Use this URL to cite or link to this record in EThOS: http://ethos.bl.uk/OrderDetails.do?uin=uk.bl.ethos.649257
Title: Dye binding studies on alumina coated surfaces
Author: De Silva, Sonali S.
Awarding Body: University of Edinburgh
Current Institution: University of Edinburgh
Date of Award: 2004
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Abstract:
This project deals with the design, synthesis and evaluation of ink jet dyes to bind to inorganic oxide surfaces particularly that of aluminium oxide. Alumina is applied as a coating on ink jet paper for use in the high added value markets. Chapter 1 provides an overview on the ink jet printing industry but focusing mainly on printing on paper, ink development, papers required for printing, dyes, and absorption isotherms. ‘Simple’ azo dyes are considered in Chapter 2, and binding of these dyes to aluminium trihydroxide [A1(OH)3] is examined. Synthetic routes to novel phosphonic acid azo dyes were developed. Iostherm studies demonstrated that phosphonic acid dyes bind much more strongly to A1(OH)3 when compared against sulfonic, carboxylic, boronic, arsenic and phosphinic acid analogues. Dyes with different acidic functional groups were applied to different papers via ink jet method, and the prints were analysed for their light, ozone and humidity fastness properties. It was found that on changing the functional group of the dye, the humidity fastness was greatly affected. Other ink jet properties such as ozone and light fastness were more dependent on factors such paper type, and the percentage of inorganic oxide coated on the paper. In chapter 3, more complex phosphonic acid azo dyes were designed and synthesised to analyse both binding properties and ink jet properties. In chapter 4, absorption isotherms are reported on dyes in the presence of cyclodextrin to examine the effect of cyclodextrin on binding strength and surface coverage of the dyes. ROESY NMR studies were undertaken to provide conclusive evidence of the inclusion complex, dye-cyclodextrin and UV/vis and NMR studies were performed to determine the strength of these complexes.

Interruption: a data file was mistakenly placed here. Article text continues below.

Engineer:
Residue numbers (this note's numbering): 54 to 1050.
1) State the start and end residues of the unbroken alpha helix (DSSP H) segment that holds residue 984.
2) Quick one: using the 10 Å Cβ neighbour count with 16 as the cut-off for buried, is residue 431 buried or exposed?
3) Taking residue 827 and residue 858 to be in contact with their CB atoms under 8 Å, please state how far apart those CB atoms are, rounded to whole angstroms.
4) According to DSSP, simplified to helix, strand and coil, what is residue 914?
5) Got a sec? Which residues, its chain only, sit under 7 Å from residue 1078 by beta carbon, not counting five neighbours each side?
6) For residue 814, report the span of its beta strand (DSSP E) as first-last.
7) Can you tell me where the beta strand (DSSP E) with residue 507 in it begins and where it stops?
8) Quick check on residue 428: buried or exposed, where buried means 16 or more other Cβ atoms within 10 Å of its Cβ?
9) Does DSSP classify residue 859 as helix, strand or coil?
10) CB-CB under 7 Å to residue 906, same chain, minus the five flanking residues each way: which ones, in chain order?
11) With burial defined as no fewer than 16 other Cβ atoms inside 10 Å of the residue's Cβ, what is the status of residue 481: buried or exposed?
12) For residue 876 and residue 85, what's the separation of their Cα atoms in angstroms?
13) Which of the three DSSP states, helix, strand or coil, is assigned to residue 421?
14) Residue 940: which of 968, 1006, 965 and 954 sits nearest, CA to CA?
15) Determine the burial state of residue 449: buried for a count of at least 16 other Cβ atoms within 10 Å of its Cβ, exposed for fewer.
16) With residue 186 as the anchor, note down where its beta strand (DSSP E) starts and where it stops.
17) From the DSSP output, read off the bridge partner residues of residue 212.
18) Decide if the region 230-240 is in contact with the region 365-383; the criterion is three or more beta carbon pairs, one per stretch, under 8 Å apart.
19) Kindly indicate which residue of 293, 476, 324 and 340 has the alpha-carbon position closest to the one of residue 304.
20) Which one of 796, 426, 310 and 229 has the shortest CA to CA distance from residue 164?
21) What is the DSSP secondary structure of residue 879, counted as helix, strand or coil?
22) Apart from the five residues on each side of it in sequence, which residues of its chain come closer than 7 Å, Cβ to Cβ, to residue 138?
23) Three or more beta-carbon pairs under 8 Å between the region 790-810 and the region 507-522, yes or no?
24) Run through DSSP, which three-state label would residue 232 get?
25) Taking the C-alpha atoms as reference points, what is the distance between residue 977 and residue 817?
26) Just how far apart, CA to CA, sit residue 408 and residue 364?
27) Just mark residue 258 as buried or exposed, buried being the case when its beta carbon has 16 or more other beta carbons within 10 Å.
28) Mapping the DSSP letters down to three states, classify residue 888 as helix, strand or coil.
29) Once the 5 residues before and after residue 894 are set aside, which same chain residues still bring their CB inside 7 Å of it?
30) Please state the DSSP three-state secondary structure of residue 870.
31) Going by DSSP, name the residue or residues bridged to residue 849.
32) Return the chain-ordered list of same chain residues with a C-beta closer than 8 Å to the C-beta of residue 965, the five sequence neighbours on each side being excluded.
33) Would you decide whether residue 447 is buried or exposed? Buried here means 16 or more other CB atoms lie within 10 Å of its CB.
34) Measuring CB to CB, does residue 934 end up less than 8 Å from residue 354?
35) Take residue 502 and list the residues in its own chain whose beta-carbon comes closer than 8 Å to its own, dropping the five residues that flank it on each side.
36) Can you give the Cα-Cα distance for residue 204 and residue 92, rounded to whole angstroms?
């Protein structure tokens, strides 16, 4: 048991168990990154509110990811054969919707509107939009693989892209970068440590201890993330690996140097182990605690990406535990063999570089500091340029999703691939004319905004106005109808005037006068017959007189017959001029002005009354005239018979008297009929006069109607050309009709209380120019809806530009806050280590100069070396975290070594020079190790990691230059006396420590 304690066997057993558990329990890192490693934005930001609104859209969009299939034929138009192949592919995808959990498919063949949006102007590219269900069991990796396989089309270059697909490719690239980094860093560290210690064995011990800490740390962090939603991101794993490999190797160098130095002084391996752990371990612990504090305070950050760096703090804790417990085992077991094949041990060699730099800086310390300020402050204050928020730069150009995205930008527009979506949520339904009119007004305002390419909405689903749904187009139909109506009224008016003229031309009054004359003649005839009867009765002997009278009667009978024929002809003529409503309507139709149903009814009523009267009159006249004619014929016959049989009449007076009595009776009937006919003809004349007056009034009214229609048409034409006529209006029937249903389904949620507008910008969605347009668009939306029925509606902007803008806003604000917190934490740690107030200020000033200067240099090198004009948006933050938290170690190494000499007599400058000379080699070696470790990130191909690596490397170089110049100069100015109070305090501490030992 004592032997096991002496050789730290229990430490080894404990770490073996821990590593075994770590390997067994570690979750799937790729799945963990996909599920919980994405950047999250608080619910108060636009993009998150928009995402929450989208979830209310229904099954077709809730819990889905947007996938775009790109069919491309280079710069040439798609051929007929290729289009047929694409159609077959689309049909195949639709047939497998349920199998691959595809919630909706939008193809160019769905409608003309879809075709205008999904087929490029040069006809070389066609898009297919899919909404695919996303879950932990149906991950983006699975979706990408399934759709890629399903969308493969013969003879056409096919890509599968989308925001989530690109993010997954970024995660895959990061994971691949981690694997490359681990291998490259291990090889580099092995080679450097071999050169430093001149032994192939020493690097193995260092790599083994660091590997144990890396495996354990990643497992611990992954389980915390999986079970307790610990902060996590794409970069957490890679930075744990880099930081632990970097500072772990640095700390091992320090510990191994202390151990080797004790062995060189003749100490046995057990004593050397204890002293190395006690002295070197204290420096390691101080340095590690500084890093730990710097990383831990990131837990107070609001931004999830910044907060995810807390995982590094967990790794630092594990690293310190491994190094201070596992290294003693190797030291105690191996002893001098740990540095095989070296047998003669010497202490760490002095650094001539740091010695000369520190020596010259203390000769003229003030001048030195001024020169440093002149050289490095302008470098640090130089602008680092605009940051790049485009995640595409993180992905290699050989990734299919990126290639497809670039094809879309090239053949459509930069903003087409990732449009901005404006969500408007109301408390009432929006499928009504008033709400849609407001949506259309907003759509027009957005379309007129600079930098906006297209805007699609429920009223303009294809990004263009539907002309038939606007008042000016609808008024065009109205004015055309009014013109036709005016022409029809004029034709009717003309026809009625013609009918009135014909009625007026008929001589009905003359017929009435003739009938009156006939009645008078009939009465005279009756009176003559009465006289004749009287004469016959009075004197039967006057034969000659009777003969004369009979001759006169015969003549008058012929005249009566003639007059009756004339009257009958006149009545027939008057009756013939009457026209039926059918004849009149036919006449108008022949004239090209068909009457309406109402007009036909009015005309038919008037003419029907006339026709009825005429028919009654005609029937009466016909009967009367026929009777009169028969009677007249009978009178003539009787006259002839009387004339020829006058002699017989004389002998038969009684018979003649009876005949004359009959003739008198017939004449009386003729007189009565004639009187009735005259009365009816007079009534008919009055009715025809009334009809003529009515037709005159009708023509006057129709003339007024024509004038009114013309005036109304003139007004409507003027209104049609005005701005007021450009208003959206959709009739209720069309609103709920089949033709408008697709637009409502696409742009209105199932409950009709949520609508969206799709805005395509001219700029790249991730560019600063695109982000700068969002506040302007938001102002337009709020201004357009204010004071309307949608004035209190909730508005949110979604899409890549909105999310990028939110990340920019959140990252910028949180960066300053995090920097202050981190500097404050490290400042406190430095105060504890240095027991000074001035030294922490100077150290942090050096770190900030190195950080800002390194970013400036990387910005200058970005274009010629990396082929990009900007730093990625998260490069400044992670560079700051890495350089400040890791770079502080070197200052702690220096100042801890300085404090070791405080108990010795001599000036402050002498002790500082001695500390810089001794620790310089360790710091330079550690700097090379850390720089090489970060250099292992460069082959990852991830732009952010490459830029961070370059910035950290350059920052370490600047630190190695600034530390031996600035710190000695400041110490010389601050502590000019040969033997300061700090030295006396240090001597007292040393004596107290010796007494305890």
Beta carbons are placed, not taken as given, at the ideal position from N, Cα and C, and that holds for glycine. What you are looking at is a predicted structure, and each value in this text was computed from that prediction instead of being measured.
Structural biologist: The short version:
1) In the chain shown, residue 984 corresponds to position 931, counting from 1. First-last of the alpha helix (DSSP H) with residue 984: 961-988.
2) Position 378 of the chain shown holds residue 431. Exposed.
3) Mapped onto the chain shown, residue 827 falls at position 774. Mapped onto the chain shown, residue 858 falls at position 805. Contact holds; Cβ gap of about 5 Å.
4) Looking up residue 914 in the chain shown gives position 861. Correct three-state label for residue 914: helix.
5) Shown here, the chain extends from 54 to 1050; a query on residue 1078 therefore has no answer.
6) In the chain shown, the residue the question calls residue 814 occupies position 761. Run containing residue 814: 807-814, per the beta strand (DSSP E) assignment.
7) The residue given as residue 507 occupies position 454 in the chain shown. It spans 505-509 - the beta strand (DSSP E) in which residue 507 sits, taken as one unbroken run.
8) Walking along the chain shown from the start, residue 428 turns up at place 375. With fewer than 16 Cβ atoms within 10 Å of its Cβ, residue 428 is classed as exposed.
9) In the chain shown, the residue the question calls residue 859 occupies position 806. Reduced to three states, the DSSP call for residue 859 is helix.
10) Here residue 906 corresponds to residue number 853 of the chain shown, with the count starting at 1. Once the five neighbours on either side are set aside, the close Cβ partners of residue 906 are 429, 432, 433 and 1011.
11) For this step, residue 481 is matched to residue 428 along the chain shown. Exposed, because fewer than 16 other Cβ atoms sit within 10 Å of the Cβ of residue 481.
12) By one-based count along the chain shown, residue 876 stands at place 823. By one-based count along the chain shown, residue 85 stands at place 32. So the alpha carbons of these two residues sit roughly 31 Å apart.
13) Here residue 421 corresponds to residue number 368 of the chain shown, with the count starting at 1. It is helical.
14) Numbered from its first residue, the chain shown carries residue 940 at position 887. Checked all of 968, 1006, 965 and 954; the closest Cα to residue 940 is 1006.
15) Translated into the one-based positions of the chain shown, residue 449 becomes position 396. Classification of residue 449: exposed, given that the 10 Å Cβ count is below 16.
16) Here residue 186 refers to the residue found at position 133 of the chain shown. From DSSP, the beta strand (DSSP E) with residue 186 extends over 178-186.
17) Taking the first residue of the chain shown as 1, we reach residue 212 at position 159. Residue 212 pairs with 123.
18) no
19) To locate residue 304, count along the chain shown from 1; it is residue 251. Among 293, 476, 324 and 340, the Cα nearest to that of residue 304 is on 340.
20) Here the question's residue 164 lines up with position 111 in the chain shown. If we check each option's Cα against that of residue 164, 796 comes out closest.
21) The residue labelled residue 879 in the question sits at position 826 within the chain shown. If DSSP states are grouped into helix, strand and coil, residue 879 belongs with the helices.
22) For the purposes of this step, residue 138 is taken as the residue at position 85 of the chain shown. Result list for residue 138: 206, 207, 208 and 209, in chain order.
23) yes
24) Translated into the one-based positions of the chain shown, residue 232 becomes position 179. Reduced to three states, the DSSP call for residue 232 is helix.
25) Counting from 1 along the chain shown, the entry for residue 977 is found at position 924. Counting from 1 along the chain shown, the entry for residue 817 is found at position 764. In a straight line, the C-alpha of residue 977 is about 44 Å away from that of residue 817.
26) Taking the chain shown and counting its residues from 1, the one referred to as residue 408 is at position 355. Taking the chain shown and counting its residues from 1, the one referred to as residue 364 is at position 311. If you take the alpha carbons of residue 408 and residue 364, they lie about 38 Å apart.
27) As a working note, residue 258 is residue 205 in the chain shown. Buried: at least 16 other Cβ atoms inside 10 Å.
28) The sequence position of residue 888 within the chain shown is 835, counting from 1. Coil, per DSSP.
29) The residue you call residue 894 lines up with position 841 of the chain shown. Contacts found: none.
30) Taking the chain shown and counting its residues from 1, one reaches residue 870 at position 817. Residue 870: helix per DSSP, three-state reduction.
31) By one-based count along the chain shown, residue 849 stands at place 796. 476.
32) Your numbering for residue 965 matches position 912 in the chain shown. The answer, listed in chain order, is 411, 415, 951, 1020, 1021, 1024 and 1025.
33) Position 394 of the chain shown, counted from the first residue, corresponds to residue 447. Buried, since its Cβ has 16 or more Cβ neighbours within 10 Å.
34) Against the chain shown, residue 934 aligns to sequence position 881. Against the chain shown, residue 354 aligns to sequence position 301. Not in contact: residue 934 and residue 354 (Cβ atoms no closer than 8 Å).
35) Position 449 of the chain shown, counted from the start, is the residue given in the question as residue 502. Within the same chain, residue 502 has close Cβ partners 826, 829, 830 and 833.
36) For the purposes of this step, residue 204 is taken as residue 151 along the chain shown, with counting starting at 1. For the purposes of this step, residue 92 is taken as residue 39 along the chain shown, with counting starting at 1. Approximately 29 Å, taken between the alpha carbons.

Supervisor: Not available Sponsor: Not available
Qualification Name: Thesis (Ph.D.) Qualification Level: Doctoral
EThOS ID: uk.bl.ethos.649257  DOI: Not available
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